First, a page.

Twitter is a centerpiece of modern public communication. But the question must be asked: Is Twitter worth all that attention?
Let’s get some things out of the way first: Yes, Twitter has fundamentally changed the way journalists work — they use the service to create and manage their brand, to get news, to find sources for stories; it has become an integral part of a journalist’s daily routine. Similarly, academics use Twitter to connect with colleagues, follow news, promote their work, participate in public discussion, and conduct research. But that is not where Twitter’s influence stops. Famously, the President of the United States regularly uses the platform to communicate, and the White House press office has decreed President Trump’s tweets as official word (Landers n.d.). But he, of course, is not the only politician who is active on Twitter. Politicians as well as marginalized actors from all over the world use the platform. It is thus more than fair to say that Twitter is a highly important tool for political communication and it is important to keep an eye out on what is happening on the platform.
Yet, when reading media or academic articles, I can’t help but wonder if we pay too much attention to Twitter. Both in general, but more to the point, comparatively speaking. I posit that it is worth considering the extent to which the public — specifically journalists, academics but also politicians — overemphasize its influence on society.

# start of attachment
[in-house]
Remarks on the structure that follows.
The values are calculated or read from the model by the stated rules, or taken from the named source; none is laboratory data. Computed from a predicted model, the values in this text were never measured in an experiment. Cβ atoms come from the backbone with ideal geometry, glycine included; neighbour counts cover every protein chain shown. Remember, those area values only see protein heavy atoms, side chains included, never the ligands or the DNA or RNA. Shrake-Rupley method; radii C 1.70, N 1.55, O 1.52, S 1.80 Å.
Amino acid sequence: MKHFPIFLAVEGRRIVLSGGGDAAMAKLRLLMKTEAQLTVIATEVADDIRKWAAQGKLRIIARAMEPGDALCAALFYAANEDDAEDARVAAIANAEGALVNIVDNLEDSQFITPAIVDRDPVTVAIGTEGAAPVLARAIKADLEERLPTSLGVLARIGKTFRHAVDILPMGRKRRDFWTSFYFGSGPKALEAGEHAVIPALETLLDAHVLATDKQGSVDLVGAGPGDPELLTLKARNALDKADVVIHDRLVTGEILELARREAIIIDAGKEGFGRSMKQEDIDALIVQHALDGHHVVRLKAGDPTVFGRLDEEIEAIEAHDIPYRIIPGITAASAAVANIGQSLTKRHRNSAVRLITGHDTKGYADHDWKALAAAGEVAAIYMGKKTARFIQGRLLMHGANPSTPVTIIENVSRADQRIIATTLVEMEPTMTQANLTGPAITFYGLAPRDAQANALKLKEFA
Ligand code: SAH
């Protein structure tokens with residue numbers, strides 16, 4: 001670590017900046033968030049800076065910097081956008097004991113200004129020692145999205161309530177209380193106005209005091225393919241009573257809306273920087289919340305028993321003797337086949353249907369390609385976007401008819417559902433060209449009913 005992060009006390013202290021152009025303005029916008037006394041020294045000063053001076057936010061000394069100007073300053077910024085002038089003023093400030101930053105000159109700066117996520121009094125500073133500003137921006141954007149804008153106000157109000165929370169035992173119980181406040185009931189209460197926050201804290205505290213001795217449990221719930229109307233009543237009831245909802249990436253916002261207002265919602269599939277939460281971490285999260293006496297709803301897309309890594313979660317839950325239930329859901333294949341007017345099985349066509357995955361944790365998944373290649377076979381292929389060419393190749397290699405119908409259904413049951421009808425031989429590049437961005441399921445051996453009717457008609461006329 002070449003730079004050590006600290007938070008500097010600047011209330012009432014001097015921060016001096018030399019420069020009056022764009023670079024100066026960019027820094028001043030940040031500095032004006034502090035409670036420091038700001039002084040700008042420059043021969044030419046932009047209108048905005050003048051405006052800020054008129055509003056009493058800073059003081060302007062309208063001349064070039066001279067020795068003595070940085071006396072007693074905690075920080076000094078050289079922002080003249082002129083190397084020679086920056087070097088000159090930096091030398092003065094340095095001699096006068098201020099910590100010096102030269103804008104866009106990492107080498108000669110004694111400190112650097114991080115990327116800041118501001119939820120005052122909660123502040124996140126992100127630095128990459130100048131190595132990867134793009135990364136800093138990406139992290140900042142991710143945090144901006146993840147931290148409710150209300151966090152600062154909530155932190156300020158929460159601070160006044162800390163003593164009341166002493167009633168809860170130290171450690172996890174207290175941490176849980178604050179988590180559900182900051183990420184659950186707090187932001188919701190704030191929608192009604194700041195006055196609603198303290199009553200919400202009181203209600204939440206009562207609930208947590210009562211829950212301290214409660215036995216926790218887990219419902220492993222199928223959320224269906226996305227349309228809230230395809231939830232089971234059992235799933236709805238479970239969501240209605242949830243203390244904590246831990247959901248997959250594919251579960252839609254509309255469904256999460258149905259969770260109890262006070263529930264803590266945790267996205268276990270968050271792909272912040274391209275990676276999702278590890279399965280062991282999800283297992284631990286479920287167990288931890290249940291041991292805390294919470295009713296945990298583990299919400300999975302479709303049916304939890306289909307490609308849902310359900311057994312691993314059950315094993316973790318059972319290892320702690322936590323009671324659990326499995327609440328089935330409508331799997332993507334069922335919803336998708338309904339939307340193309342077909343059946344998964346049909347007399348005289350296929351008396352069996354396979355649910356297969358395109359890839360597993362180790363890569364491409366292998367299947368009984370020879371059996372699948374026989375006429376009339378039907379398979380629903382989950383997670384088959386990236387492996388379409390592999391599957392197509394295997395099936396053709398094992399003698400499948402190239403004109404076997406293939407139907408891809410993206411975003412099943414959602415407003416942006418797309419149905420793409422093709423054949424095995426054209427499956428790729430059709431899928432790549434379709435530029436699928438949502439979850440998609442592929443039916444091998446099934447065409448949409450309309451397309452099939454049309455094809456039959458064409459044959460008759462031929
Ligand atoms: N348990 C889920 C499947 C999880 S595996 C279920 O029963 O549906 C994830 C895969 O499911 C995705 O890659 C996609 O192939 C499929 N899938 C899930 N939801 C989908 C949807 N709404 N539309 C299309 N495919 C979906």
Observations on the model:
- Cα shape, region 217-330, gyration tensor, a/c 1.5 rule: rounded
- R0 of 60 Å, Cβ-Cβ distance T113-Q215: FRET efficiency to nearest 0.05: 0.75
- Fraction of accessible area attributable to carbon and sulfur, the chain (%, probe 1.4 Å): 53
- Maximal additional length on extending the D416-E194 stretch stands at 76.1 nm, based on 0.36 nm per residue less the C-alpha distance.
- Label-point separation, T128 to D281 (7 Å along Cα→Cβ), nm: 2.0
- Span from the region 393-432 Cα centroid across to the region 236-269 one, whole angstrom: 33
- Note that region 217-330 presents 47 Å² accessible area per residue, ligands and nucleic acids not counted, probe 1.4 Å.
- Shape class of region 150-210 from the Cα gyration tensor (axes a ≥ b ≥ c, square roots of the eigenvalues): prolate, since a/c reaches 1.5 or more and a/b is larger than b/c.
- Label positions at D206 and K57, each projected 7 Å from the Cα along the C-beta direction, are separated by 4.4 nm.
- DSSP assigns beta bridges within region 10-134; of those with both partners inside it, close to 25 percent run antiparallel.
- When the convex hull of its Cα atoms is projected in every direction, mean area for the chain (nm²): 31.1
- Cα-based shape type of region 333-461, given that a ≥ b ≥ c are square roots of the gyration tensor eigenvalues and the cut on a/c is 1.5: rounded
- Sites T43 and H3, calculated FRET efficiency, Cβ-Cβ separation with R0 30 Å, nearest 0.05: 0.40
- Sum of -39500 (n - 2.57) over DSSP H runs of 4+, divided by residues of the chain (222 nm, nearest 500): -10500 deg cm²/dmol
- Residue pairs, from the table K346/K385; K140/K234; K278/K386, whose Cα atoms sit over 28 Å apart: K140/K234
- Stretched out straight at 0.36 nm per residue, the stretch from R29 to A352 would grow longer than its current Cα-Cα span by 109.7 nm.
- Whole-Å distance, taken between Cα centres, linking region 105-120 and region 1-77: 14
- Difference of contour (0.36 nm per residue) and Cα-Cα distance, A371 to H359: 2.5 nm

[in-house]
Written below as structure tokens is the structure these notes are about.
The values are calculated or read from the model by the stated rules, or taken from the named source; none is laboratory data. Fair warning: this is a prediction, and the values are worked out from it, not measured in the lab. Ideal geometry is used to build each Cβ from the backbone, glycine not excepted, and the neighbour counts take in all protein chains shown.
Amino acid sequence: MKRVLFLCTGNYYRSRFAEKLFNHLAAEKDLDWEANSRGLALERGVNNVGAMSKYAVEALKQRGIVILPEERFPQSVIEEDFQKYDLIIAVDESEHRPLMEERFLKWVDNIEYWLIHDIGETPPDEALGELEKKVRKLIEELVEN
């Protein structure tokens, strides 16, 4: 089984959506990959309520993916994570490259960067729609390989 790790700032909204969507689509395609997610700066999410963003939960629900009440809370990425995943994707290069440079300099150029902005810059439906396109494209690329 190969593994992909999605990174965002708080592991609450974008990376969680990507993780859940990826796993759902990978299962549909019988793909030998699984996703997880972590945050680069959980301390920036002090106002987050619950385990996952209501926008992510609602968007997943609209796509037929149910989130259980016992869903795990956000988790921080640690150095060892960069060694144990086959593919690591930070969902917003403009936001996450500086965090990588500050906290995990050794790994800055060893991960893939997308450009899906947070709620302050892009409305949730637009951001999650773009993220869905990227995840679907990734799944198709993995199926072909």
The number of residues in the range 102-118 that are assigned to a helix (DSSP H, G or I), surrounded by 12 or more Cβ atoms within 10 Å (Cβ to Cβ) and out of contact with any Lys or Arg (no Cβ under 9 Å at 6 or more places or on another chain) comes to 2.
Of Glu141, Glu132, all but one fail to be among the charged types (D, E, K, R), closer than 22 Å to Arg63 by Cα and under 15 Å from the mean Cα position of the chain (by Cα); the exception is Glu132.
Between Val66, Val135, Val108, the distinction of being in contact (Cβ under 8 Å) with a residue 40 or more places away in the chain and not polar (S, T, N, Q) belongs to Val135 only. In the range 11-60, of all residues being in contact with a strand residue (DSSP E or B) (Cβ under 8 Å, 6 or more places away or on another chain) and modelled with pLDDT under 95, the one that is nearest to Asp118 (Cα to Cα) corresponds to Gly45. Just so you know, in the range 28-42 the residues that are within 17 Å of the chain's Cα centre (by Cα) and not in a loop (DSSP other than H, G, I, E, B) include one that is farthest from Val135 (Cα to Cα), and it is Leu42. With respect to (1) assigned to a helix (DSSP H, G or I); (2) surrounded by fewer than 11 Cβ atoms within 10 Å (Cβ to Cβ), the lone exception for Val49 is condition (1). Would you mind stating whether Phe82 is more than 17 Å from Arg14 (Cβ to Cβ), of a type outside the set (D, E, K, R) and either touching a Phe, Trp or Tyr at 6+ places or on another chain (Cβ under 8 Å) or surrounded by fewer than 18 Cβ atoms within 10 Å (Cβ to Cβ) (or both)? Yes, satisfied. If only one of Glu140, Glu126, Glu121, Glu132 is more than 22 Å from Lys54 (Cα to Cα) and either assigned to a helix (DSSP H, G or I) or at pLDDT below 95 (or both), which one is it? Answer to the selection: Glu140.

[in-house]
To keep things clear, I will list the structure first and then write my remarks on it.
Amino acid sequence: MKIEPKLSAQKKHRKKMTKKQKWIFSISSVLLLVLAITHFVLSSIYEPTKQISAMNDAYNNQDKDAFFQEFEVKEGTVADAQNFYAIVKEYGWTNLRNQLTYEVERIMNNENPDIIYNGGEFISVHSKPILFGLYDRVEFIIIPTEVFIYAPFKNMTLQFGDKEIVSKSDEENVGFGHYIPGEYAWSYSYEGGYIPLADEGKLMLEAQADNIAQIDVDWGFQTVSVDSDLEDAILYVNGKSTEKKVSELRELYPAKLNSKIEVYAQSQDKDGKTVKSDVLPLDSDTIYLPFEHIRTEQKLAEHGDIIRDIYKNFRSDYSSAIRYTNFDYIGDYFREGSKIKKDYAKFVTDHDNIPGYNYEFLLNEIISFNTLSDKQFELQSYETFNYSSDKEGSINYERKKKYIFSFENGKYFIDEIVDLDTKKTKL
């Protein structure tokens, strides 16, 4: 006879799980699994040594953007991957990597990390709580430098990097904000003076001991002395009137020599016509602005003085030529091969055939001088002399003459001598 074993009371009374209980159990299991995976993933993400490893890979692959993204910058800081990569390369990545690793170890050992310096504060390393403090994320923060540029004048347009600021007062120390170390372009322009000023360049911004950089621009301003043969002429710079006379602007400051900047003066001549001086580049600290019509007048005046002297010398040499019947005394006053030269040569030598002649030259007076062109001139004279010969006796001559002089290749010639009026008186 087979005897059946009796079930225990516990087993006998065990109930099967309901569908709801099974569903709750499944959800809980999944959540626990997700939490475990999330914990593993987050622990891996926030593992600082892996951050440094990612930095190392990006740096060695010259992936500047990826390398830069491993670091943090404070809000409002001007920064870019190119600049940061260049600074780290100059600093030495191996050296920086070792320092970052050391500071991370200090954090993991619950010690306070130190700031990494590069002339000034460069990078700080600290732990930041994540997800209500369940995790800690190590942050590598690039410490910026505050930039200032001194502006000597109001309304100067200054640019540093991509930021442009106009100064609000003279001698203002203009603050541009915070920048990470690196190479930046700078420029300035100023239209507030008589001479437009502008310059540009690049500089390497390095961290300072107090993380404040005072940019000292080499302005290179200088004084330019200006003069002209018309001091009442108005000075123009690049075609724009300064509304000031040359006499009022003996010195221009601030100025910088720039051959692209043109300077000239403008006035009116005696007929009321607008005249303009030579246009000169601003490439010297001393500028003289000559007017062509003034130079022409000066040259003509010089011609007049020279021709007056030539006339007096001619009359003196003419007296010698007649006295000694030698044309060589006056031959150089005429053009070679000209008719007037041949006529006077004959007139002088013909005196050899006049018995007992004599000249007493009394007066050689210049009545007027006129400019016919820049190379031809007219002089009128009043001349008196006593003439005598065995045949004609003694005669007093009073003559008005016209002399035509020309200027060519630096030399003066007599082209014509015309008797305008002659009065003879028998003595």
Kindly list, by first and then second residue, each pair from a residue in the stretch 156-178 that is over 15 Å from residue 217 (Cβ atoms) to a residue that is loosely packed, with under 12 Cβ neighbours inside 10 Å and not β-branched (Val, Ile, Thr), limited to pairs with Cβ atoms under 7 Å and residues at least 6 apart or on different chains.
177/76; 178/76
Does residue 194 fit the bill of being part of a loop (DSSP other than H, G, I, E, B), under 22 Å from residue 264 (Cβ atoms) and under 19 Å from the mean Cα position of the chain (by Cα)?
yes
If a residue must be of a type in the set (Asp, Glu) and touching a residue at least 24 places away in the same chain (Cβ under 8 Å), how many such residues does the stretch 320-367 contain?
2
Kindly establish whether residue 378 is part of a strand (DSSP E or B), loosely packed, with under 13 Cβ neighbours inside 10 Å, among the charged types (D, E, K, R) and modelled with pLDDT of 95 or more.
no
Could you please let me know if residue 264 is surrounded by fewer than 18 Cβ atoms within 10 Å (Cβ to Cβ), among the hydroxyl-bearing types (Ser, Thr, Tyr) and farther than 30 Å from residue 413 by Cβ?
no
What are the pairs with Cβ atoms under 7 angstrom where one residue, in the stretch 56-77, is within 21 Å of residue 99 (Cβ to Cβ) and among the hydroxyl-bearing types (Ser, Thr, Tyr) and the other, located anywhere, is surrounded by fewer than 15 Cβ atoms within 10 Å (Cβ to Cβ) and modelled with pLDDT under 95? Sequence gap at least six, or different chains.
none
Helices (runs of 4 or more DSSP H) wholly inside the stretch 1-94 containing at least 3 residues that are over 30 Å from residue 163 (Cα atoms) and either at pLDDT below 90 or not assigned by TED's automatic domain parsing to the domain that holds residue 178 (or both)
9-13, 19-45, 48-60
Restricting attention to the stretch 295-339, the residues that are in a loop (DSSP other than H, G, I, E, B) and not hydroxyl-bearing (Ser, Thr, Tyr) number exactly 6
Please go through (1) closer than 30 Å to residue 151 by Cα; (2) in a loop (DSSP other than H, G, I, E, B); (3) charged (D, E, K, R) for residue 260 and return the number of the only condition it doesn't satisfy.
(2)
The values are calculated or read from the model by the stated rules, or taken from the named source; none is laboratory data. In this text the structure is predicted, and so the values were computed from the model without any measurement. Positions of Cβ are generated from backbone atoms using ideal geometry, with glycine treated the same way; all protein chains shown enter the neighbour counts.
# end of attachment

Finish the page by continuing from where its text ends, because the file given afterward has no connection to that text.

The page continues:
Comparing Facebook (red), Whatsapp (light green), Instagram (dark green), Twitter (blue) and Snapchat (violet)
So how should we measure the influence of Twitter and other social media services? News articles and academic papers are a good and well-tested proxy to identify what journalists and scholars deem important for society and are, at times, used by politicians to start inquiries or propose regulations. I thus collected and analyzed data for news articles (using the service Factiva) and scientific papers (using the site Web of Science, a database that collects most academic publications like journal articles or books). I then compared that data with statistics on the numbers of active users on social media sites. As simple as it is: My goal was to compare the amount of attention that social media platforms receive with the number of active users they have.
The results: Twitter receives the second-largest amount of attention in the media, as measured by the number of stories mentioning Twitter in Factiva, and the most coverage in academic papers; Web of Science lists overs 3,200 publications with Twitter in their title since 2008. Yet, the microblogging platform has only roughly 330 million active users in 2017 (of which at least 8.5% are bots; United State Securities and Exchange Commission, n.d.). Meanwhile, Facebook, which is the platform that gets the most media attention, has surpassed 2 billion users; platforms such as Instagram or WhatsApp have grown rapidly (with 800 million and and 1.3 billion users, respectively) and have skyrocketed past Twitter. And yet Instagram, WhatsApp, and Snapchat receive scant attention in the mass media and academia, compared with Twitter and Facebook.